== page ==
Despite some bullish reports on the outlook for corporate profitability this year, OEM procurement can be sure of one thing--component prices will continue to be low for at least another three quarters. Don't let your suppliers tell you anything different.
So what if Intel posted higher-than-expected revenue, and its profits met consensus estimates? The company is curtailing its capital spending budget for the year by $1 billion, to approximately $3.7 billion. The revision doesn't mean that Intel is cutting production; in fact, the company's shift to 300mm-wafer production
appears to be under way. Another die shrink, however, means more capacity. And more capacity means lower prices. The same goes for the DRAM industry when manufacturers accelerate the push to 300mm manufacturing, most likely at the end of this year.
Another chip supplier, Linear Technology, also reported higher-than-expected sales, profits, and gross margins. Keep in mind, though, that these reports reflect the seasonality of the business in the final quarter of the year. Linear Technology didn't forget to mention that maintaining that level of growth is unlikely in subsequent quarters.
Business conditions are still poor, folks, and will continue to be that way until end demand picks up. One Wall Street analyst released a report a couple of weeks ago expecting an inventory-replenishment cycle to occur in the distribution industry this quarter. Maybe so, but let's not forget the "recovery" of the first half of 2002. It was short-lived and deceiving. Suppliers served the market with existing inventory and didn't need to boost production to meet the ephemeral rise in demand.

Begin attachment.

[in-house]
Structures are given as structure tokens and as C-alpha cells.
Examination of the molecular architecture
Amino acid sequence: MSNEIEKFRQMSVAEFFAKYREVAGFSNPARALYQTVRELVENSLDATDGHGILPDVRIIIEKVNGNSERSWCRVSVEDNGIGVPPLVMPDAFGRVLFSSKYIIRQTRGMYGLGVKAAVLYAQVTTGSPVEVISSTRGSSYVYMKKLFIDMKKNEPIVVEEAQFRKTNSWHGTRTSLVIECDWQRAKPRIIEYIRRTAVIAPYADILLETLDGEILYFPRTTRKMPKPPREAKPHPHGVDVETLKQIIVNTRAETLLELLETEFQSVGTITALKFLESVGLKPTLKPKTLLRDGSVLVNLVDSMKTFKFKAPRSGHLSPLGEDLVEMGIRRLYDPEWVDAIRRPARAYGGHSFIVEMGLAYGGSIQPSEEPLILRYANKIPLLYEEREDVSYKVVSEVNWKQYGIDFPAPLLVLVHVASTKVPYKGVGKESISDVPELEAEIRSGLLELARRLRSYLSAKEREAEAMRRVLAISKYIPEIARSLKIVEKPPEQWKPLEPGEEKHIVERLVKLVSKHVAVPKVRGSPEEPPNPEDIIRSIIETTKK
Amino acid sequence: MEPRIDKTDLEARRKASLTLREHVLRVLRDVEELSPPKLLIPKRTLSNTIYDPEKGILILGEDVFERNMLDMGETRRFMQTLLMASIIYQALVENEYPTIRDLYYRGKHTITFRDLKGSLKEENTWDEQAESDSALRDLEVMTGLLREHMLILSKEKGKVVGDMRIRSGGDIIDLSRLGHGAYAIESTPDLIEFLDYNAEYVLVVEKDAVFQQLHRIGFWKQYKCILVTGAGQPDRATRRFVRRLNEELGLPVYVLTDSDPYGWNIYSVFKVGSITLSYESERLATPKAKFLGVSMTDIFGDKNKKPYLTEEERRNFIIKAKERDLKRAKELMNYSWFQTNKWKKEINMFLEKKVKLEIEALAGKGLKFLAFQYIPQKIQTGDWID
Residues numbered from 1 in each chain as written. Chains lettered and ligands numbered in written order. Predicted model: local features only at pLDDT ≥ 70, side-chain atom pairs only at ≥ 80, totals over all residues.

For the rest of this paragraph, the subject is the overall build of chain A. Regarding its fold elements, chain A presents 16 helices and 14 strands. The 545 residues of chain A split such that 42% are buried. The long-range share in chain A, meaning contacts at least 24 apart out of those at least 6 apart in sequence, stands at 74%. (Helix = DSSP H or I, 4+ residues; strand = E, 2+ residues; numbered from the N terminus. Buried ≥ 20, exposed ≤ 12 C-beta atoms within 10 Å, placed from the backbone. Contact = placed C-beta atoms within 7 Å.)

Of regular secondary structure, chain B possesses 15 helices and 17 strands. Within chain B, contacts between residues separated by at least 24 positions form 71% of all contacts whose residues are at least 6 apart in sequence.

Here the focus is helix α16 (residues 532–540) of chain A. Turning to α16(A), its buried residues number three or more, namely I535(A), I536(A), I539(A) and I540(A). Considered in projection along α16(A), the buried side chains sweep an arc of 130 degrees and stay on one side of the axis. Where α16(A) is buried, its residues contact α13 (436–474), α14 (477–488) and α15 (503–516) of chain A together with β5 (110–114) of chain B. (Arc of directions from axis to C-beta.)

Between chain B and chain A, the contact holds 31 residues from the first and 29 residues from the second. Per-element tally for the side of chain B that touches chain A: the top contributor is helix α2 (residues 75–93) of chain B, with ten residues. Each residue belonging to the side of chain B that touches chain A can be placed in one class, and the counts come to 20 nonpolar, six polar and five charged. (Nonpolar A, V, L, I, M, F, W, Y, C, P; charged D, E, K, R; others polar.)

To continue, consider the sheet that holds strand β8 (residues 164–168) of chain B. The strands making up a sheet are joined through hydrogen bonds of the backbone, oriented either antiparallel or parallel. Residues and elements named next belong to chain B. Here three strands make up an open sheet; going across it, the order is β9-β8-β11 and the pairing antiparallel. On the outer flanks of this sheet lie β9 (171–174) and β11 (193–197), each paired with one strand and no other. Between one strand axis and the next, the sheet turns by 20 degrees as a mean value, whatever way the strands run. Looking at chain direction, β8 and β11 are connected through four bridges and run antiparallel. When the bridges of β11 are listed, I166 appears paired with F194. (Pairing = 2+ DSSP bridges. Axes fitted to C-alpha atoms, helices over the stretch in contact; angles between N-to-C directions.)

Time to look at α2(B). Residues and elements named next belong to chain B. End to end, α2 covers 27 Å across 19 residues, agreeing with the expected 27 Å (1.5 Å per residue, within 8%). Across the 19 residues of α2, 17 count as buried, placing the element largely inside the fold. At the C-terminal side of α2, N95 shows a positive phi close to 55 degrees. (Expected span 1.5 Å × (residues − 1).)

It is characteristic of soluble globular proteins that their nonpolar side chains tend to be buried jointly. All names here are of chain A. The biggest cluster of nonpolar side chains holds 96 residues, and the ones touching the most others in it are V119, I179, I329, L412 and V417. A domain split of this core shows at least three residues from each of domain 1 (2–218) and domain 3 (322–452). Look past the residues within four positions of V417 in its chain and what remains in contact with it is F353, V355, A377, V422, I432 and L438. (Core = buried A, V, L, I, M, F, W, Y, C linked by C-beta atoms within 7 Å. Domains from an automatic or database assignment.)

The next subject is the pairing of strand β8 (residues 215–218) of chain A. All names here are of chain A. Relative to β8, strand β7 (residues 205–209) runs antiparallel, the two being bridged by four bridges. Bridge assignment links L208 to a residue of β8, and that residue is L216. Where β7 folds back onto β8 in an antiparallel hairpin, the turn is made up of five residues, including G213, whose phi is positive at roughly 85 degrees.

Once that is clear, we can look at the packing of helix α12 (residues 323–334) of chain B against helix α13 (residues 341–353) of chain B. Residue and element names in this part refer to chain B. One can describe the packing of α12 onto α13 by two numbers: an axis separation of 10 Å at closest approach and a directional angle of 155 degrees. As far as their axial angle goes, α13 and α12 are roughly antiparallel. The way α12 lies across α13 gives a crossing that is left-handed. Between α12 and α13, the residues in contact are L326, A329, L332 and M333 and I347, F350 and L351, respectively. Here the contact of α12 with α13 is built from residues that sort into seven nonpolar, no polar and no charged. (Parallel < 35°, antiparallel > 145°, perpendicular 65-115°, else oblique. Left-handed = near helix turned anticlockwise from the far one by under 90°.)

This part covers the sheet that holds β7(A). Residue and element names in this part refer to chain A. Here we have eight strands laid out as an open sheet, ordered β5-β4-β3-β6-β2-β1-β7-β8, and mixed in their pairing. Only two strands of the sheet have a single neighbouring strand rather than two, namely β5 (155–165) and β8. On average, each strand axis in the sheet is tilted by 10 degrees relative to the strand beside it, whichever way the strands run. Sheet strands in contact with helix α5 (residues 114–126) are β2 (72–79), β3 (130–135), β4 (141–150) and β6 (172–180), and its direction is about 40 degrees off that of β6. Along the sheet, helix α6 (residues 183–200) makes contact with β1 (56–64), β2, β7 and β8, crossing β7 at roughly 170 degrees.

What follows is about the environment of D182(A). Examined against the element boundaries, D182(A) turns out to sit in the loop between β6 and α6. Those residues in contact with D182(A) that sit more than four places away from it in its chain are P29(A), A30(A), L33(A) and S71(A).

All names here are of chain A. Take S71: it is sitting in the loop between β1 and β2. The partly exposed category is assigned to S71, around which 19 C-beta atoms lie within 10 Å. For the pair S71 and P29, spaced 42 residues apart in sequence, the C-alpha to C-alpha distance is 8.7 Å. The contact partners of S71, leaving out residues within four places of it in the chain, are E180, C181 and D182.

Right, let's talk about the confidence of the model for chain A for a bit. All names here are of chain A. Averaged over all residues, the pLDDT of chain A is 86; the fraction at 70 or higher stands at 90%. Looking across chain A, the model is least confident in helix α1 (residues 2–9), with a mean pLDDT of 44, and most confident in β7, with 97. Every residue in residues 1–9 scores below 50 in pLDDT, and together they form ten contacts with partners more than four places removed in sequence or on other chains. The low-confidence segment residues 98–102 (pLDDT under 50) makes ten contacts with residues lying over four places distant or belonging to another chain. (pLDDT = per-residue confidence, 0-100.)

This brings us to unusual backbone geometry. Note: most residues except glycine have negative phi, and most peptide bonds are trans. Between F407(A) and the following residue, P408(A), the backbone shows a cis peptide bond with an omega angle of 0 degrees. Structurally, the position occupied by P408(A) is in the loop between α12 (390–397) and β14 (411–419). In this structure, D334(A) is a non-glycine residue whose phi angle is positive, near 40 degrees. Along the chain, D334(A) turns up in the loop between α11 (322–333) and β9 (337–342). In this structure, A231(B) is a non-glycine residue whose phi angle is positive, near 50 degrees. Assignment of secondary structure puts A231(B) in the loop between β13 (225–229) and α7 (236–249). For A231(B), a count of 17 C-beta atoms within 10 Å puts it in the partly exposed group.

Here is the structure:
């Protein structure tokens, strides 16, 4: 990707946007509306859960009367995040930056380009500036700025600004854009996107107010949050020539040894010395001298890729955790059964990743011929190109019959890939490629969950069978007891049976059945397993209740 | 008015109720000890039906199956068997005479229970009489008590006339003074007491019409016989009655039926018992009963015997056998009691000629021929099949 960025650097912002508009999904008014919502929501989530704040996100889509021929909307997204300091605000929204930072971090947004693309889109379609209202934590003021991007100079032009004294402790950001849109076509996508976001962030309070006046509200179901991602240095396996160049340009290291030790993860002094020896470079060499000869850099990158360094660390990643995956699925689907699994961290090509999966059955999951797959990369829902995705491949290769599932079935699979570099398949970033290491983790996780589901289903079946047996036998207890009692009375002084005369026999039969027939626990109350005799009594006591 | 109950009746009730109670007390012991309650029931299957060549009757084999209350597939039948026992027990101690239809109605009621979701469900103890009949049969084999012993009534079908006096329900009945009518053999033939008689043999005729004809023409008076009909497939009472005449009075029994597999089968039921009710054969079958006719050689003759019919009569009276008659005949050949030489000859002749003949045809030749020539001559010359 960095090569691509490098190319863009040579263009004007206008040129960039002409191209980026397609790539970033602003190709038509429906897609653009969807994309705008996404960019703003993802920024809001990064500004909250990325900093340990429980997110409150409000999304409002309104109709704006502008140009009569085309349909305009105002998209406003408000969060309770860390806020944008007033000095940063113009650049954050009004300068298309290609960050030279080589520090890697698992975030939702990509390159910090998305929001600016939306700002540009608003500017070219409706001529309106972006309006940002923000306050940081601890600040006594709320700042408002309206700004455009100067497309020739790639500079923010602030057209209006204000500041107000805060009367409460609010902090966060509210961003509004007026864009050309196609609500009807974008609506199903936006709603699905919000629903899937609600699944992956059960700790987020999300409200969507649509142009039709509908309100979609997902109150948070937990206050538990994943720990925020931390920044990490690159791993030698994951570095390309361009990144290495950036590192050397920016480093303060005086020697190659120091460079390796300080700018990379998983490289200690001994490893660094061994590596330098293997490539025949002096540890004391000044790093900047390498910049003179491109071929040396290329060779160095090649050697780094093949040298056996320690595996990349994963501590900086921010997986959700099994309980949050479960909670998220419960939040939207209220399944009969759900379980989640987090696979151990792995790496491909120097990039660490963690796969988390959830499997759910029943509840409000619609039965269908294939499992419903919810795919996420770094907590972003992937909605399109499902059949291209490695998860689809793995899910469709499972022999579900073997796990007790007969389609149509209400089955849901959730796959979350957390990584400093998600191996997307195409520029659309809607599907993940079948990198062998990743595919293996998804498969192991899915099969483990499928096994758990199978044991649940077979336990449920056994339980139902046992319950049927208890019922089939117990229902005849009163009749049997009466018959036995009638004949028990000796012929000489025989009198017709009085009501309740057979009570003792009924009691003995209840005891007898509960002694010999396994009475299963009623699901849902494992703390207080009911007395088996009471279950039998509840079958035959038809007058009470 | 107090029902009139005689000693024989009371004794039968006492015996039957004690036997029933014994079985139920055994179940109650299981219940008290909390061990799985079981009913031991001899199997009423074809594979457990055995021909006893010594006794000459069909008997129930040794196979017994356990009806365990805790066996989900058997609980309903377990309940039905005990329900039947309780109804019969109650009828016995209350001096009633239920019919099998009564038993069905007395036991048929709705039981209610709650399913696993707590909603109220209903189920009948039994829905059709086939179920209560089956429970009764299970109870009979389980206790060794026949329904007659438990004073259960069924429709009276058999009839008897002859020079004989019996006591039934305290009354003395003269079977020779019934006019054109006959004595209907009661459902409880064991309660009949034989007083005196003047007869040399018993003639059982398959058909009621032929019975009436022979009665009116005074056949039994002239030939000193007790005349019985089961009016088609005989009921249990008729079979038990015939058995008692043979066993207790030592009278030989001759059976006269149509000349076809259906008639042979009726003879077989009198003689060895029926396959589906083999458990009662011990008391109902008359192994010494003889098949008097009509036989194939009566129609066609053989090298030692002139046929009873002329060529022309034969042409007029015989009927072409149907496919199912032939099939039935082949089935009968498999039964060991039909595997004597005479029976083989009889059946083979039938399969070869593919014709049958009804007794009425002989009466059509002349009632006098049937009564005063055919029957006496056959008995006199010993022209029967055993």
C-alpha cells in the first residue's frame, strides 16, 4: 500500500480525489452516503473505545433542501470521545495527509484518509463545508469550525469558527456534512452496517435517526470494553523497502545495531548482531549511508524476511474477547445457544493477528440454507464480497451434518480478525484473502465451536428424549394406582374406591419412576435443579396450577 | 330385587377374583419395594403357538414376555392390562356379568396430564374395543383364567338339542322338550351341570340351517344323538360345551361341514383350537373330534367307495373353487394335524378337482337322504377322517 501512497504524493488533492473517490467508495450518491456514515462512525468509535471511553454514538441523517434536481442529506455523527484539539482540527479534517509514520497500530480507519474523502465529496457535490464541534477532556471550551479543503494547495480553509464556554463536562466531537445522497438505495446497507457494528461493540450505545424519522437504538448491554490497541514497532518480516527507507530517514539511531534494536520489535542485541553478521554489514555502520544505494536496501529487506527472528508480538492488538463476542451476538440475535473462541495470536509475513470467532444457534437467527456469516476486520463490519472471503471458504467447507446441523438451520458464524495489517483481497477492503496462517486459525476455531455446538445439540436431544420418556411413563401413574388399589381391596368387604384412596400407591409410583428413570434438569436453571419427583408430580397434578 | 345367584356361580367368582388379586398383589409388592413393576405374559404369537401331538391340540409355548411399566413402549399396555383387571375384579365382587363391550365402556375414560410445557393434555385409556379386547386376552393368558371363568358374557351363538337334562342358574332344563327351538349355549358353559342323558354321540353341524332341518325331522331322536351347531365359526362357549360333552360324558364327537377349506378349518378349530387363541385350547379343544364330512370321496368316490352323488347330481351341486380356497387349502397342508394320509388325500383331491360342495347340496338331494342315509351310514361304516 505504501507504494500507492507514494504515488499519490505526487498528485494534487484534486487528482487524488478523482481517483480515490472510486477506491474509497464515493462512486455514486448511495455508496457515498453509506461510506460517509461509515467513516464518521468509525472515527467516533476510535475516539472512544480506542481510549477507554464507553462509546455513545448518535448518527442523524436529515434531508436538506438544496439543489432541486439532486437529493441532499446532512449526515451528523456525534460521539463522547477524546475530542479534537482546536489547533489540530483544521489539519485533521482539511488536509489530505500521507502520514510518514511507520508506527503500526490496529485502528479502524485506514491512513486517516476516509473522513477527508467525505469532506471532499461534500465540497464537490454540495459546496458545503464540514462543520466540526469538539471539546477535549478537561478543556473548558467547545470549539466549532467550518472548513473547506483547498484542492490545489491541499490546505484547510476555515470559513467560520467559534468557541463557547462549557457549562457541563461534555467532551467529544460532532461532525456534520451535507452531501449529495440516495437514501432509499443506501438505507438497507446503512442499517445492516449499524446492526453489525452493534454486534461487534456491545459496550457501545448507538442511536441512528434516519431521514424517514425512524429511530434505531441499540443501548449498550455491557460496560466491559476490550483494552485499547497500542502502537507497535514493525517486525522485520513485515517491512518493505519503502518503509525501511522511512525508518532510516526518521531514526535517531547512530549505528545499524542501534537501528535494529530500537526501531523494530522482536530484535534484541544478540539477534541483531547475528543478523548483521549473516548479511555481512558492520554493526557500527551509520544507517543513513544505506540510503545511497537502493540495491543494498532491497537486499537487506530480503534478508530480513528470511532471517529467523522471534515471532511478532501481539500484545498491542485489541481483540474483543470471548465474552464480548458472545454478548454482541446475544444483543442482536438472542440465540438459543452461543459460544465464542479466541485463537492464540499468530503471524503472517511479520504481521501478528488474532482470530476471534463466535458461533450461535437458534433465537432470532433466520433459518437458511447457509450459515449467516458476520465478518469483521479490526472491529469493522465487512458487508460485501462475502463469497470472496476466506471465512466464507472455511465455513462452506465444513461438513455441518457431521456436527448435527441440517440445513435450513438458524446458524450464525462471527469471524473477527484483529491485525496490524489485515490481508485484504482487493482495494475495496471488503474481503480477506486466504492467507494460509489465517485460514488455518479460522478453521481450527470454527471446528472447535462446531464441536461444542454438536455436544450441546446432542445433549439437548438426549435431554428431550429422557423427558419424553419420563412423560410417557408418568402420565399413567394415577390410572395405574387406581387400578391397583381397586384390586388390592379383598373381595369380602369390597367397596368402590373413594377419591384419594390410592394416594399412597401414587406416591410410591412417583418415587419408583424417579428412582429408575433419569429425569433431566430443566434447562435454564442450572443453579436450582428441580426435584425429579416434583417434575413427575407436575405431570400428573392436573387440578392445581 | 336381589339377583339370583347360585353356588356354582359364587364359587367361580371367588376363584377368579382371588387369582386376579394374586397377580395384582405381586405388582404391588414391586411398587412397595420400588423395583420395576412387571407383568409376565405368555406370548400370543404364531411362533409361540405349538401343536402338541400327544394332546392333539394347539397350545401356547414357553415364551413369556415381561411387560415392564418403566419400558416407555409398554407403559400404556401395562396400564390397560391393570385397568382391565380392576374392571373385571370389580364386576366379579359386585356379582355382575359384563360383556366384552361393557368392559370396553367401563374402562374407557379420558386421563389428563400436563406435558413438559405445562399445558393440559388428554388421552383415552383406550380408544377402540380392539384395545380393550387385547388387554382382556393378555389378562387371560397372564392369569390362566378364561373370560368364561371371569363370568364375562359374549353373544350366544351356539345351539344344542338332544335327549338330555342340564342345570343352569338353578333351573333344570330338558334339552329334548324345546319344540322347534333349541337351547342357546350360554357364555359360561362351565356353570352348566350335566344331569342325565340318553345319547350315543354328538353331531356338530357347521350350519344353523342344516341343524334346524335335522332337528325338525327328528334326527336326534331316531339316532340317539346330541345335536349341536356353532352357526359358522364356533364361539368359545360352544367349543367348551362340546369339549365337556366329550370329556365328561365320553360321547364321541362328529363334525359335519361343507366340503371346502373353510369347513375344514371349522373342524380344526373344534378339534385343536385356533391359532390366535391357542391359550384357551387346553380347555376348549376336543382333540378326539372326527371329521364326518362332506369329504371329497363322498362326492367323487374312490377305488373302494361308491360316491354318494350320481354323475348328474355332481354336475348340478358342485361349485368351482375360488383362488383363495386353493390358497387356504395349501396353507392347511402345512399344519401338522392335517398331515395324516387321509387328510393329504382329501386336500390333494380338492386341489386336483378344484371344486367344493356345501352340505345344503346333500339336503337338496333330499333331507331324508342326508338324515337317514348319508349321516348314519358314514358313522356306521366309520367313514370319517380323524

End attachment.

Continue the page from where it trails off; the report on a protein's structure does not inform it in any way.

If another inventory-driven "recovery" does happen, suppliers will be competing on price to win that volume business. Component suppliers, especially capacitor, resistor, and connector vendors, will not be able to justify price hikes in response to growing demand. Supply is more than ample and suppliers are still taking painful steps to reduce expenses.
Kemet just cut its workforce and Yageo put construction of its China facility on hold until the second half of the year. And on Jan. 10, Moody's placed Vishay's credit ratings under review for downgrade. Meanwhile gross margins at Nu Horizons got killed; the distributor cited pricing pressures in the passive component sector.
Until capacity utilization rates show a significant improvement and lead times stretch, component prices will still be under pressure. Industrial capacity utilization is only running at about 75%, and for the computer and communications equipment industries those numbers are 62.7% and 49.8%, respectively.
Again, the key is end demand. And the catalyst for market growth will be a rebound in IT spending. That wildcard still seems to be just a wild thought, for this year anyway.
E-mail comments to Ismini Scouras at firstname.lastname@example.org.